KANSAS CITY, Mo. — Bishop Robert W. Finn was found guilty Thursday on one count of failing to report suspected child abuse, becoming the first Roman Catholic bishop in the United States in the decades-long sexual abuse scandals to be convicted of shielding a pedophile priest.
In an abruptly announced bench trial that lasted a little over an hour, Judge John M. Torrence of Jackson County Circuit Court found Finn guilty of one misdemeanor charge and not guilty on a second. The charges each carried a maximum penalty of one year in jail and a $1,000 fine, but Finn received a sentence of two years of court-supervised probation.
It was a sudden ending to a case that has consumed the church in Kansas City and threatened to turn into a sensational, first-ever trial of a sitting prelate. The case had been scheduled for a jury trial later this month, but Wednesday the prosecution announced that it would be decided in one afternoon before a judge.
Finn said in court before he was sentenced, ‘‘I am pleased and grateful that the prosecution and the courts have allowed this matter to be completed. The protection of children is paramount.’’
He added, ‘‘I truly regret and am sorry for the hurt that these events have caused.’’
The church managed to avoid a lengthy, highly public jury trial like the one that occurred this year in Philadelphia, where a high-ranking assistant to the archbishop was convicted of child endangerment and sentenced to prison for three to six years. The trial before the judge in Kansas City also spared the young victims or their parents from having to testify. The judge dropped two charges against the diocese itself.
The case arose when Finn failed to report the Rev. Shawn Ratigan to the police in December 2010, after the bishop learned that his employees had discovered hundreds of photographs of young girls’ genitals, naked and clothed, on a laptop computer that Ratigan had brought in for repairs.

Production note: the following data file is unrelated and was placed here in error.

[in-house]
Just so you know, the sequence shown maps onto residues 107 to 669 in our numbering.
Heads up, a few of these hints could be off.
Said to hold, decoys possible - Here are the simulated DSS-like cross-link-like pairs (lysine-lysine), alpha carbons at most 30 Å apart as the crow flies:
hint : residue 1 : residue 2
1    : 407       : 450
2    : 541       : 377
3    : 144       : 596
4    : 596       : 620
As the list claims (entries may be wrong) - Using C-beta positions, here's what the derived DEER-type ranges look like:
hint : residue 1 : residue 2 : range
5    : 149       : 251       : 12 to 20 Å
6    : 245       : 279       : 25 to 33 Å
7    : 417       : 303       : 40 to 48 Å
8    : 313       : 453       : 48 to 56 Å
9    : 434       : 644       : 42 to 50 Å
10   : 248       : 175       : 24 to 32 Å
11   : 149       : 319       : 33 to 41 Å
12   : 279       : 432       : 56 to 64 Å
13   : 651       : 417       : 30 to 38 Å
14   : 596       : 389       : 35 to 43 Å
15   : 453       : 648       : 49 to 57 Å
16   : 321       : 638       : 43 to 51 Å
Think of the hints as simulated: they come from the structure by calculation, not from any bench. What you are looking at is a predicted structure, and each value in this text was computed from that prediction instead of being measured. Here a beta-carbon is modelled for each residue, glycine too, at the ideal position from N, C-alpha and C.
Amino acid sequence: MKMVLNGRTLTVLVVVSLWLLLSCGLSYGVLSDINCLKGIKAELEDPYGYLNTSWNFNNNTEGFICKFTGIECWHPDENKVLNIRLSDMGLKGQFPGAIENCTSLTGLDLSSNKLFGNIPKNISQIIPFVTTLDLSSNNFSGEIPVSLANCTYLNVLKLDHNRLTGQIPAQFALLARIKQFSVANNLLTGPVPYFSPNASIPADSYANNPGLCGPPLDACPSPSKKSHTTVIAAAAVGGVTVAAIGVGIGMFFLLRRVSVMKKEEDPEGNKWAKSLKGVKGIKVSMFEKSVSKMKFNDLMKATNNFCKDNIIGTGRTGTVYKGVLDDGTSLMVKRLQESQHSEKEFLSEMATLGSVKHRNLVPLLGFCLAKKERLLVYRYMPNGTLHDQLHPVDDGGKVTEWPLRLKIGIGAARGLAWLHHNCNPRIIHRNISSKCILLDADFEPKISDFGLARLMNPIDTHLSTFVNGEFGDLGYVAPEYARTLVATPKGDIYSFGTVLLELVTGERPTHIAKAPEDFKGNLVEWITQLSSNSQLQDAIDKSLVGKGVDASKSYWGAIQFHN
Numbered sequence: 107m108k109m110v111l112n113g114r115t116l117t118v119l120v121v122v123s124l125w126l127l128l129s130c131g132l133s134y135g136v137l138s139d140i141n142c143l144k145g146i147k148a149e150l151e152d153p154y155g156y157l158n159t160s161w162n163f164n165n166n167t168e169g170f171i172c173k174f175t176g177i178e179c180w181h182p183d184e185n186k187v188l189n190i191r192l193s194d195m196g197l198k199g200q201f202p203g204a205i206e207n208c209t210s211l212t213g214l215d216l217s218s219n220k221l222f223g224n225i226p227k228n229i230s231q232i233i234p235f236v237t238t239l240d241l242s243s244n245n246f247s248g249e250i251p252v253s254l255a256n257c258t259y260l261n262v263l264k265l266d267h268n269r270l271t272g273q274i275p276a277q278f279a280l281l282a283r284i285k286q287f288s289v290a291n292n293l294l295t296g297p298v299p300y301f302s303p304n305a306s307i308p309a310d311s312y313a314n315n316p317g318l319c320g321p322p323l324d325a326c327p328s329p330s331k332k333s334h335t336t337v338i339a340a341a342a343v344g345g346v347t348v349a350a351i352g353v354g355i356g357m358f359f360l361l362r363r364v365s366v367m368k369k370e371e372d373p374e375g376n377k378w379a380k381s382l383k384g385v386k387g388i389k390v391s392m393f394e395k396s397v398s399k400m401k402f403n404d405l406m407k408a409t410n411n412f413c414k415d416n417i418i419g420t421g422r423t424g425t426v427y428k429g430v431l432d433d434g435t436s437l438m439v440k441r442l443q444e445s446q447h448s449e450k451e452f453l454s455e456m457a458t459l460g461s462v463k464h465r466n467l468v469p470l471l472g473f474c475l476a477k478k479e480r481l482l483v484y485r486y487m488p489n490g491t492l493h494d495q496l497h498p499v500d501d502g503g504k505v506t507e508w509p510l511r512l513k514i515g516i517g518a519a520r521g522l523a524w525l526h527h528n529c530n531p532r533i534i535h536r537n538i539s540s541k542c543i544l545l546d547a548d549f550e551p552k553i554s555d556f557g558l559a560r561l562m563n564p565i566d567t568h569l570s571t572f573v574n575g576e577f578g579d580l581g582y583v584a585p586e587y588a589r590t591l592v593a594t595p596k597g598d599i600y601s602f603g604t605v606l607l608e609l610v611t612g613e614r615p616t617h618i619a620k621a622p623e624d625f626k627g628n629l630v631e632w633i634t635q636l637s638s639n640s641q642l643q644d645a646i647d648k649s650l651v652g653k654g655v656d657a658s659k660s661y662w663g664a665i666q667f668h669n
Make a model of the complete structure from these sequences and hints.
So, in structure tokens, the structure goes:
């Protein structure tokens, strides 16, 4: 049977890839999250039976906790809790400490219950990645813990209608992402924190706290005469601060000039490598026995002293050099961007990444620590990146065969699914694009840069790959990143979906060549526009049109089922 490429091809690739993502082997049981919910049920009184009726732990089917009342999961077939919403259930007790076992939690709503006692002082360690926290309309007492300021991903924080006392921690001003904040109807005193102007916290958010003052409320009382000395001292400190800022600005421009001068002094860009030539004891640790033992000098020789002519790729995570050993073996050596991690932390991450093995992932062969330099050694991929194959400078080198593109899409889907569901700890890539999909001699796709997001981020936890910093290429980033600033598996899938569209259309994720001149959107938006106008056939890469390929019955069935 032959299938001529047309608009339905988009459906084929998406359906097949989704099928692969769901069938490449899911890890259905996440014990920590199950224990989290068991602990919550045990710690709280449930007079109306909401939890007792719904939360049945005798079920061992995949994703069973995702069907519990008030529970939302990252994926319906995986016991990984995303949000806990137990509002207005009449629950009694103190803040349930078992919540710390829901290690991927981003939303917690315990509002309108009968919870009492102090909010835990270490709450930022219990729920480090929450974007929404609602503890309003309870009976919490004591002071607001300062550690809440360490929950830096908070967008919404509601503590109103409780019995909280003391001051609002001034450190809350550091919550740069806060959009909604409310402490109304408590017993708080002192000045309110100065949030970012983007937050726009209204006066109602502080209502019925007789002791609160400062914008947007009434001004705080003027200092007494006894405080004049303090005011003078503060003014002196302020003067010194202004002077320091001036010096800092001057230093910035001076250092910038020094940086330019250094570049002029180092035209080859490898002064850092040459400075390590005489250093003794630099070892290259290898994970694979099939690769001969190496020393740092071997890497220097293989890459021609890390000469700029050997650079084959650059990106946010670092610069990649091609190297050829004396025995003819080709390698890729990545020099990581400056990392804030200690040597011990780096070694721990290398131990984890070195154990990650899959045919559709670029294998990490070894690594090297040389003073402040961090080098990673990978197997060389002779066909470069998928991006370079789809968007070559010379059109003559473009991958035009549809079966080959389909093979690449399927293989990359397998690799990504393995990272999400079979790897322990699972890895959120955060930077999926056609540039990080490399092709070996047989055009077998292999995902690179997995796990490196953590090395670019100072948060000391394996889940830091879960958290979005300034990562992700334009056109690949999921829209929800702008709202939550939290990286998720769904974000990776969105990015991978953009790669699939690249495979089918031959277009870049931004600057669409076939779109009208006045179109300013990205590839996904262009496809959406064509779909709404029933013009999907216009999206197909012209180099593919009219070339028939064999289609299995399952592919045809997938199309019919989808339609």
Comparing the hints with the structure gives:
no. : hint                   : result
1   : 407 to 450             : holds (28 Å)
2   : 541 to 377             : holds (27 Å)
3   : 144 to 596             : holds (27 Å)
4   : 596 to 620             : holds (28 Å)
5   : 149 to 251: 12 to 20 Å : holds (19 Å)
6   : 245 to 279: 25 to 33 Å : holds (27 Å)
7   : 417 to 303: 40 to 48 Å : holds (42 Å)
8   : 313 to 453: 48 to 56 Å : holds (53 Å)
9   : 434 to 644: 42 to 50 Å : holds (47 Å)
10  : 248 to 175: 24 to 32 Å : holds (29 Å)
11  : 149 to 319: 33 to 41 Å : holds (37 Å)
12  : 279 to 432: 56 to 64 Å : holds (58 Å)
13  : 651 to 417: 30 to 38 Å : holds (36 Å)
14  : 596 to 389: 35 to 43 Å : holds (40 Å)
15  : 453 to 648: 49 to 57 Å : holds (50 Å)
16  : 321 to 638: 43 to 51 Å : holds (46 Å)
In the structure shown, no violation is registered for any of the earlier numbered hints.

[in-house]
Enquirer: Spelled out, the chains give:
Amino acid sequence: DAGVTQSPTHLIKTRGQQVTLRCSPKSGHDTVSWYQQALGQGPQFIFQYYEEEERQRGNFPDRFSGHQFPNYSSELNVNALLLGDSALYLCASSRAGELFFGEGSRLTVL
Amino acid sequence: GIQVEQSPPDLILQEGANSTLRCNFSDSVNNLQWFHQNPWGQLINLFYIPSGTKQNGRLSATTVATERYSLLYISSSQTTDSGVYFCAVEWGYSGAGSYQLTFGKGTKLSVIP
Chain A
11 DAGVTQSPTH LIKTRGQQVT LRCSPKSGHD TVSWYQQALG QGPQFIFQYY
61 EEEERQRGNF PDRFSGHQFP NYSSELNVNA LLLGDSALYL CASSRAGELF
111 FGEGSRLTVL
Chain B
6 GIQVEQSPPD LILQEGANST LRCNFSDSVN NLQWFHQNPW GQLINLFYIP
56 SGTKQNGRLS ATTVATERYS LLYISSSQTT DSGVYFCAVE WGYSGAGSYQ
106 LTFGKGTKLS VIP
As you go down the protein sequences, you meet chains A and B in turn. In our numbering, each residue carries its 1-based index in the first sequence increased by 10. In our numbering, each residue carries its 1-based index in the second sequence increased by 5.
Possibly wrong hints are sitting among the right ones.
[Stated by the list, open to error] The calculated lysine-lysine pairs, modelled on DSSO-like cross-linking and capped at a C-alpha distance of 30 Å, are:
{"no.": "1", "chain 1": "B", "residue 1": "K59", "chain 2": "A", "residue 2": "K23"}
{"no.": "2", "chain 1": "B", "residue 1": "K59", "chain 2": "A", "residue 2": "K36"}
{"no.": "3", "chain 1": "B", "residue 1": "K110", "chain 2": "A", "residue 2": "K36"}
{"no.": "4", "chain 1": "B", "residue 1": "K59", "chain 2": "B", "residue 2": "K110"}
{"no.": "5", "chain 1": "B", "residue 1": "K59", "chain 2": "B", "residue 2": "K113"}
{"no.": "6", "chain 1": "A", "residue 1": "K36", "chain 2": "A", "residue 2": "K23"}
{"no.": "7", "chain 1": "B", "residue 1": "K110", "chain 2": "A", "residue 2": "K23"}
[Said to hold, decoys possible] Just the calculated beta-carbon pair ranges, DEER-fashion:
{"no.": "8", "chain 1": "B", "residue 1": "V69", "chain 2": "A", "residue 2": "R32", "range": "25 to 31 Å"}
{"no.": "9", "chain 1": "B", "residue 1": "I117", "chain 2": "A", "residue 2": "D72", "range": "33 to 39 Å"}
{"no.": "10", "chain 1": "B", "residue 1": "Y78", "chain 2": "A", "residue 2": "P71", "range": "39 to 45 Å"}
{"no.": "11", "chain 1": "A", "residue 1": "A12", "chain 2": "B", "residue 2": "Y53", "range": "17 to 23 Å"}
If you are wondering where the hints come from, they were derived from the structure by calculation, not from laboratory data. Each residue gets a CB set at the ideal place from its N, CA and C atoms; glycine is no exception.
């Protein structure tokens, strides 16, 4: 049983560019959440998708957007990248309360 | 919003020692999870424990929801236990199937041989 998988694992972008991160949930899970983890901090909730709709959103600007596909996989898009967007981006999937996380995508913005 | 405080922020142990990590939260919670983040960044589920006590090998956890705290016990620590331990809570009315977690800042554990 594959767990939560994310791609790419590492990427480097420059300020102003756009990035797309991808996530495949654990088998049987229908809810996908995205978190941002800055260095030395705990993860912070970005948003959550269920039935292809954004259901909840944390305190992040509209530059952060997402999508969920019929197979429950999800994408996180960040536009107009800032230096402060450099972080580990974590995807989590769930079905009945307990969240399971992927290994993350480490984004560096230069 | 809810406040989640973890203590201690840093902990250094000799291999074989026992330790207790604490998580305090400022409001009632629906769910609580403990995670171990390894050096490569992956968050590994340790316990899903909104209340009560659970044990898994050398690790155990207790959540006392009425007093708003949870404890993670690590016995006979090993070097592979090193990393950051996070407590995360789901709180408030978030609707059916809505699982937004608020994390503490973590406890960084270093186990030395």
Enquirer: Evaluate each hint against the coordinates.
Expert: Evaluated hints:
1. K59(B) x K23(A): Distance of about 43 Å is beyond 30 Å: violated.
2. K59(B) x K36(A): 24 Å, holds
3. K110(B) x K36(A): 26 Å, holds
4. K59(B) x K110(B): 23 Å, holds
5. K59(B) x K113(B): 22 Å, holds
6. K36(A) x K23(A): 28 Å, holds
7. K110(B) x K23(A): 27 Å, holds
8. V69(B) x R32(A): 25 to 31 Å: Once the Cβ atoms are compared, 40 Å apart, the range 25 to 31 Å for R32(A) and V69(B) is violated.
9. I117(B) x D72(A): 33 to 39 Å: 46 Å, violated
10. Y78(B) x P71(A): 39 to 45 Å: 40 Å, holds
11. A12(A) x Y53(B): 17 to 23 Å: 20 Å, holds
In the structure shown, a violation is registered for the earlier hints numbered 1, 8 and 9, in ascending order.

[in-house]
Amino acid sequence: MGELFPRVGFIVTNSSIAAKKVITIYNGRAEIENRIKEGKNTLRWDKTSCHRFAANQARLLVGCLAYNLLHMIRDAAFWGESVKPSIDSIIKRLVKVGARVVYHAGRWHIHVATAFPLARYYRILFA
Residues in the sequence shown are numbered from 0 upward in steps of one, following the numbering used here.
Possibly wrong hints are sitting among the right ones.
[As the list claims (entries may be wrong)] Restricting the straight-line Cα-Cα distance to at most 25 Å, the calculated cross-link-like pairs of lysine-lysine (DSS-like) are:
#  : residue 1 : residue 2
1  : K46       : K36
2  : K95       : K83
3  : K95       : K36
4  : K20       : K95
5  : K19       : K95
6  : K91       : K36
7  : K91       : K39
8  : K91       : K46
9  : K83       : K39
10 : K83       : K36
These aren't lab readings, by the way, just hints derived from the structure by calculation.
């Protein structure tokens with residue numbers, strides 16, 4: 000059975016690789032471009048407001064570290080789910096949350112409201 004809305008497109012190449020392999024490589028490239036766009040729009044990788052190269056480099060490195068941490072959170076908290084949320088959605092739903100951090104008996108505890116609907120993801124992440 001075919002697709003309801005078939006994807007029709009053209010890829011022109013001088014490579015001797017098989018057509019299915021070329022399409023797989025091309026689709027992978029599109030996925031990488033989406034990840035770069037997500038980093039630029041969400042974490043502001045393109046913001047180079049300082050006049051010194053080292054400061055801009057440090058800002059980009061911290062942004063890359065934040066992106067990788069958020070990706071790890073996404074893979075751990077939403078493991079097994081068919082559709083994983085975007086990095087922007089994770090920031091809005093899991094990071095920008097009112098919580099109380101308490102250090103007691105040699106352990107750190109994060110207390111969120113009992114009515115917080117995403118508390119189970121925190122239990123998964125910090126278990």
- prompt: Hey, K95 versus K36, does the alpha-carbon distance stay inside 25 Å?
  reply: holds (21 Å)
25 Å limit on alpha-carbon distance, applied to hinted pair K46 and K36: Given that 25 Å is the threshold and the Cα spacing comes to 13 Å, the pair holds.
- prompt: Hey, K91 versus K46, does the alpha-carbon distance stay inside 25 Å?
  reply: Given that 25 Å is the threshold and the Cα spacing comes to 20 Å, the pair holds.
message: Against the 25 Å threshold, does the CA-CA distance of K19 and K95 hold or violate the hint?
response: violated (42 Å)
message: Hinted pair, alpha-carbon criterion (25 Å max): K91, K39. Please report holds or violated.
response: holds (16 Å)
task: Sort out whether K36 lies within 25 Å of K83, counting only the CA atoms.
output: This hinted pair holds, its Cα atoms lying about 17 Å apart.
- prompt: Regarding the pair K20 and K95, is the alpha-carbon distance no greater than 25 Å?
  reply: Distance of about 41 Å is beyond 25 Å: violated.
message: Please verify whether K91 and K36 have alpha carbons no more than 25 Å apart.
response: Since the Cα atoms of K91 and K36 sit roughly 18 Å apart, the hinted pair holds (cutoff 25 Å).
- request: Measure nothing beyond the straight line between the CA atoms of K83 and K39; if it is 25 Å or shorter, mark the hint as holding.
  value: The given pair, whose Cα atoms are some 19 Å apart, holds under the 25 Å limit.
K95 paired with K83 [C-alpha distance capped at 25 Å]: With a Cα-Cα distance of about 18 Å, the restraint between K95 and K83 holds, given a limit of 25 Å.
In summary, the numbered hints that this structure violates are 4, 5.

After Ratigan survived a suicide attempt, the bishop reassigned him to live in a convent and stay away from children. But Ratigan continued to attend church events and take lewd pictures of girls for another five months, until the church reported him in May 2011. The bishop was found guilty on the charge relating only to that time period.
The prosecutor, Jean Peters Baker, told the judge in opening arguments that Finn had been given ample warning that Ratigan was a danger to children. She said that the priest had even admitted to Finn that he had ‘‘a pornography problem.’’
The prosecutor said, ‘‘Defendant Finn is the ultimate authority. The buck does stop with him.’’
In May 2010, the principal of the Catholic elementary school where Ratigan was working sent a letter to the diocese raising alarm about him. The letter said he had put a girl on his lap on a bus ride, encouraged children to reach into his pockets for candy and parents discovered girls’ underwear in a planter outside his house. Finn has said he did not read the letter until a year later.
A computer technician discovered the photographs on Ratigan’s laptop in December 2010, and immediately reported it to the diocese. The prosecutor said they were ‘‘alarming photos,’’ among them a series taken on a playground in which the photographer moves in closer until the final shots show girls’ genitalia through their clothing. Confronted with the photographs, Ratigan tried to commit suicide by leaving his motorcycle running in an enclosed garage. He left a note apologizing to the children and their families, but survived and was briefly hospitalized.
Finn sent Ratigan for a psychological examination, then assigned him to live in a convent and told him not to have contact with children. But despite the restrictions, Ratigan presided at a girl’s First Communion, and attended an Easter egg hunt and a child’s birthday party. Diocesan officials reported him to the police in May 2011, six months after they first learned of the photographs.
Finn and the diocese still face at least 25 civil suits stemming from Ratigan’s actions.
Ratigan pleaded guilty in August to federal child pornography charges, and is awaiting sentencing. He admitted that he took photographs over many years of girls he knew, who ranged in age from 2 to 9 years old.